Tribute’s paid to ‘inspiring’ public health expert Professor Sir Paul Cosford

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Tributes have been paid to leading public health expert Professor Sir Paul Cosford, who has died after a four-year battle with cancer.

Sir Paul, who served as Public Health England’ (PHE) emeritus medical director, was diagnosed with late-stage lung cancer in 2017 and died on Monday morning, his widow Gillian Leng tweeted.

Health Secretary Matt Hancock and NHS national medical director Stephen Powis are among those who have paid tribute, describing him as a “remarkable and inspiring” colleague.

Sir Paul, who has never smoked, said in February that “nothing can prepare you for being told you have cancer”, and urged people to speak to their GP if they notice any symptoms.

In October last year, at the age of 57, he wrote in the British Medical Journal (BMJ) calling for a rethink on assisted dying.

He said he was aware that his cancer will “end my life before many more years pass” and said his “biggest fear around dying is the lack of control”.

Sir Paul said he never wanted to be a supporter of changing the law in favour of assisted dying.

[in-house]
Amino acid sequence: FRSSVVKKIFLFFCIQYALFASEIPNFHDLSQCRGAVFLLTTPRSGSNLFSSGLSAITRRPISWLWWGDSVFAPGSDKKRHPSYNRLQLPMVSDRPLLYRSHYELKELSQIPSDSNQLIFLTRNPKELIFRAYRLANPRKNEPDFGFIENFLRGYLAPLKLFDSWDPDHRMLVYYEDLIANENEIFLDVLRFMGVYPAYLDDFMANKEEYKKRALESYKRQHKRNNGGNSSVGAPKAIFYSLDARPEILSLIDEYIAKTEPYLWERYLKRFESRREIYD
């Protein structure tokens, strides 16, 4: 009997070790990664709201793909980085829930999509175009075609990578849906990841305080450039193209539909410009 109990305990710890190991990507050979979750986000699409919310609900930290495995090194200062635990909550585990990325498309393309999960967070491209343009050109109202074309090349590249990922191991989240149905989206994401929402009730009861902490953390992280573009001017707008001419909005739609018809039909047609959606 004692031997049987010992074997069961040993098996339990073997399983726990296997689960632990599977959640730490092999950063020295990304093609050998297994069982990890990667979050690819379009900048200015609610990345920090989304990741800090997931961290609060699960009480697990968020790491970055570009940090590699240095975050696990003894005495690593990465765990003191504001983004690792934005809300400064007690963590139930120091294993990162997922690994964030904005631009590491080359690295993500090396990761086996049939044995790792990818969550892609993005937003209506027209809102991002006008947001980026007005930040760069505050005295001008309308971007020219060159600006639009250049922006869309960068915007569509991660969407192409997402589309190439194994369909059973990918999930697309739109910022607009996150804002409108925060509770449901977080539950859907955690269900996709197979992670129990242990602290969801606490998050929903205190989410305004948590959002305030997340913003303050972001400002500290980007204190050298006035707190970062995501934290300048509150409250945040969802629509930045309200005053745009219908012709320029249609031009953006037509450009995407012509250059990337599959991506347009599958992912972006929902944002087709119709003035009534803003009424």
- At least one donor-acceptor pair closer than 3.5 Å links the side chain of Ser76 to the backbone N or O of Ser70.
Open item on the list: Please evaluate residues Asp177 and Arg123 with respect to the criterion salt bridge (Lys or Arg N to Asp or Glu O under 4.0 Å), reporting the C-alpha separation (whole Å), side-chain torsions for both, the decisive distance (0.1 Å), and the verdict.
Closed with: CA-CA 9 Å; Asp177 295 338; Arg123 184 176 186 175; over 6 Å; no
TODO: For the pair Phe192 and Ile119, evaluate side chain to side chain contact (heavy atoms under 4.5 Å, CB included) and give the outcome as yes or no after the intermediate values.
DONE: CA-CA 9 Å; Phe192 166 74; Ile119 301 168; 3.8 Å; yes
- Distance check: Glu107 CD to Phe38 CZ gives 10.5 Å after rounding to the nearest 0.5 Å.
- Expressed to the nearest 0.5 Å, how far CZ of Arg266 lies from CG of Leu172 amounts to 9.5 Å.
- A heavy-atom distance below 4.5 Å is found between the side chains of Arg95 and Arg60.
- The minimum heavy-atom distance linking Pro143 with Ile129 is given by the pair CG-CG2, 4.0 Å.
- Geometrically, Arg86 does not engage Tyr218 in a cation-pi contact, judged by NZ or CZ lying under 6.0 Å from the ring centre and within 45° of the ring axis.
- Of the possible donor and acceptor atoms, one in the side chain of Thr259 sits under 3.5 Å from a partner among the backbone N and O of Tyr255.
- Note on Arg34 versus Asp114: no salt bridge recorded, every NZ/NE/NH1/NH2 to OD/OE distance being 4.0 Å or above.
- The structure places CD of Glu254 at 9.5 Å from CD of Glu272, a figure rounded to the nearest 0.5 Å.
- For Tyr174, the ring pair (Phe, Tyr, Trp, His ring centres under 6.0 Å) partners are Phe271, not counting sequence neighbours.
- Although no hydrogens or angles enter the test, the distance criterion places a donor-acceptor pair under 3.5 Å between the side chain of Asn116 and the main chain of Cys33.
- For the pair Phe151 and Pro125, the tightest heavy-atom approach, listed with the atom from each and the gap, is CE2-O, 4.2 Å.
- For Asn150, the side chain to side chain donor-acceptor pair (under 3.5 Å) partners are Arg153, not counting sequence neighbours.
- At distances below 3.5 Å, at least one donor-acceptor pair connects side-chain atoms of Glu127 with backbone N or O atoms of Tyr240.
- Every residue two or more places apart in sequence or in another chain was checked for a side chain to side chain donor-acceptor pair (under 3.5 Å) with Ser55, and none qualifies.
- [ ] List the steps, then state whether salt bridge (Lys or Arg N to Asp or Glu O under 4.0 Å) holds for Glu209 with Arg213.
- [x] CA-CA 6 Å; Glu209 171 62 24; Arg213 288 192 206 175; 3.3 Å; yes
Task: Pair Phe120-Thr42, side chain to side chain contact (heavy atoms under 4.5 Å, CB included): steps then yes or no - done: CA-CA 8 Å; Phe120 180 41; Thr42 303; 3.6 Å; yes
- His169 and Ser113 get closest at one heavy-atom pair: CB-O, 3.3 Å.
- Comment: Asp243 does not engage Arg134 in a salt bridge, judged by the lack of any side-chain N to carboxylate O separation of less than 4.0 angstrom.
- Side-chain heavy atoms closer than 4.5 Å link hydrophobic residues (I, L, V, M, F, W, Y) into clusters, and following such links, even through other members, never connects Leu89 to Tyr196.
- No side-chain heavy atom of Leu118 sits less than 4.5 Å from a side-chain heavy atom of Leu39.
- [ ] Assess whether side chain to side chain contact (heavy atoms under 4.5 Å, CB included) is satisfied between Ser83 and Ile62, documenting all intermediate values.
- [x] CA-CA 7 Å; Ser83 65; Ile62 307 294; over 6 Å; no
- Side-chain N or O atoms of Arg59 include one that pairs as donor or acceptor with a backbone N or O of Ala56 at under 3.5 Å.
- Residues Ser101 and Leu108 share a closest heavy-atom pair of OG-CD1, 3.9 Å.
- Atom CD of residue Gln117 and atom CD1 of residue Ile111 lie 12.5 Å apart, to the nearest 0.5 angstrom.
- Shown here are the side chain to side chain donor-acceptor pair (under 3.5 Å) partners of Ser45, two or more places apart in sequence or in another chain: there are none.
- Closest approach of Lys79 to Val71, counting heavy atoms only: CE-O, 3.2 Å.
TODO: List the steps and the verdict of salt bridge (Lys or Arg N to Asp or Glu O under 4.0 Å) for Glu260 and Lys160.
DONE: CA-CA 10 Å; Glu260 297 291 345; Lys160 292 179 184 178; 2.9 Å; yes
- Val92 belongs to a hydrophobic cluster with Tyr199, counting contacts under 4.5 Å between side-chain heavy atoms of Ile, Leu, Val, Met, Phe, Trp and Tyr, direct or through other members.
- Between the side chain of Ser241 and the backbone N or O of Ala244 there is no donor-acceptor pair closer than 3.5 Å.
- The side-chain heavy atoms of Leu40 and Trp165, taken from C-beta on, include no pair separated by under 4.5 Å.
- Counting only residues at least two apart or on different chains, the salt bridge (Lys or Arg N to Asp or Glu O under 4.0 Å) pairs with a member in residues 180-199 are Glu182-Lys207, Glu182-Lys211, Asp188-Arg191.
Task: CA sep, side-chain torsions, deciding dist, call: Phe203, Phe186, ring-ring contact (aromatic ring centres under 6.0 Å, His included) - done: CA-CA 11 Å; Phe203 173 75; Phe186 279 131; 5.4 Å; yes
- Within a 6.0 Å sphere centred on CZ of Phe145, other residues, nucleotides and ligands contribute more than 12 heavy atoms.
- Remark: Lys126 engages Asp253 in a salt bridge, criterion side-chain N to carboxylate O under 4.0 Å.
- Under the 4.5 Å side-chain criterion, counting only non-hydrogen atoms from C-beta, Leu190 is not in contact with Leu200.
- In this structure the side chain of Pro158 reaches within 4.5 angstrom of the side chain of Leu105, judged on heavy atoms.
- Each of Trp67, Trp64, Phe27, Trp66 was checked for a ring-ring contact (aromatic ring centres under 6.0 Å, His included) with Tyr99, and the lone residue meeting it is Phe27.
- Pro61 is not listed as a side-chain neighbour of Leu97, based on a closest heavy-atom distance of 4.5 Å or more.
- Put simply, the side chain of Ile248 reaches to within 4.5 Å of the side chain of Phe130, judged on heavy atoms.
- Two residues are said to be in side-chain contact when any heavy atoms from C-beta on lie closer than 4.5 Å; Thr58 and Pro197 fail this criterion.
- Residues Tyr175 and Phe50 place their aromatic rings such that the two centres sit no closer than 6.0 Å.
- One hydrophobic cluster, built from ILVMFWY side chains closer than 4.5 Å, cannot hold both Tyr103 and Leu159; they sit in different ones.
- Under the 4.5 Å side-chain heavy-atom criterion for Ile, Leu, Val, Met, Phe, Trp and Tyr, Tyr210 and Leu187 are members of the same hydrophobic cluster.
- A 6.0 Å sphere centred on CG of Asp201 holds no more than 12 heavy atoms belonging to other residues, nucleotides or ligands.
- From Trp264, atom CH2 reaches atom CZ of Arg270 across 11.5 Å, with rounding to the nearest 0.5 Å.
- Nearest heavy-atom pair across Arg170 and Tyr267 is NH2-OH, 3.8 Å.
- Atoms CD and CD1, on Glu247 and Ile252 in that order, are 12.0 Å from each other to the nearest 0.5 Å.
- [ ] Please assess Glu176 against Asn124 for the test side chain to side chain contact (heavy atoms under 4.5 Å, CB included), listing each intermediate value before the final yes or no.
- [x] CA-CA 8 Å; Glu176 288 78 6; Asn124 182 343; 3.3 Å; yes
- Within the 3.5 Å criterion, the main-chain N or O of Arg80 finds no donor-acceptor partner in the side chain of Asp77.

But he said a prescription to allow him to bring forward the end of his life would mean that he – and others in a similar position – “could have more open conversations with our carers about how our lives will end”.

Announcing his death, Sir Paul’s widow tweeted: “With huge sadness, I want to let people know that my dear, dear husband Paul Cosford died this morning after an inspiring 4 years of living with cancer.

“He worked tirelessly to support the pandemic response and will be missed by many, but especially by me.”

Sir Paul joined PHE in 2012, having previously led the national and local delivery of health protection services within the Health Protection Agency from 2010.

He served as PHE’s medical director and director for health protection from 2012 to 2019.

Mr Hancock tweeted: “I’m so sorry to hear the news today of Paul Cosford’s death. He was a remarkable & inspiring colleague. He made a huge contribution to public health for his whole life & was taken by cancer too young.”

Professor Powis described him as a “kind colleague” and a “tremendous source of inspiration to all who were privileged to know and work with him”.

He added: “Paul made a massive contribution to public health and even while he was ill, he was helping us in our battle against coronavirus.

“I admired him so much and he will be very sorely missed. My thoughts are with Gill and his family at this difficult time.”

Former Health Secretary Jeremy Hunt said: “Another terrible sadness today: the loss of Dr Paul Cosford, emeritus medical director at Public Health England.

“A distinguished & inspiring leader who led with his humanity and compassion. He also fought his cancer with great courage and dignity. RIP Paul from your many friends.”

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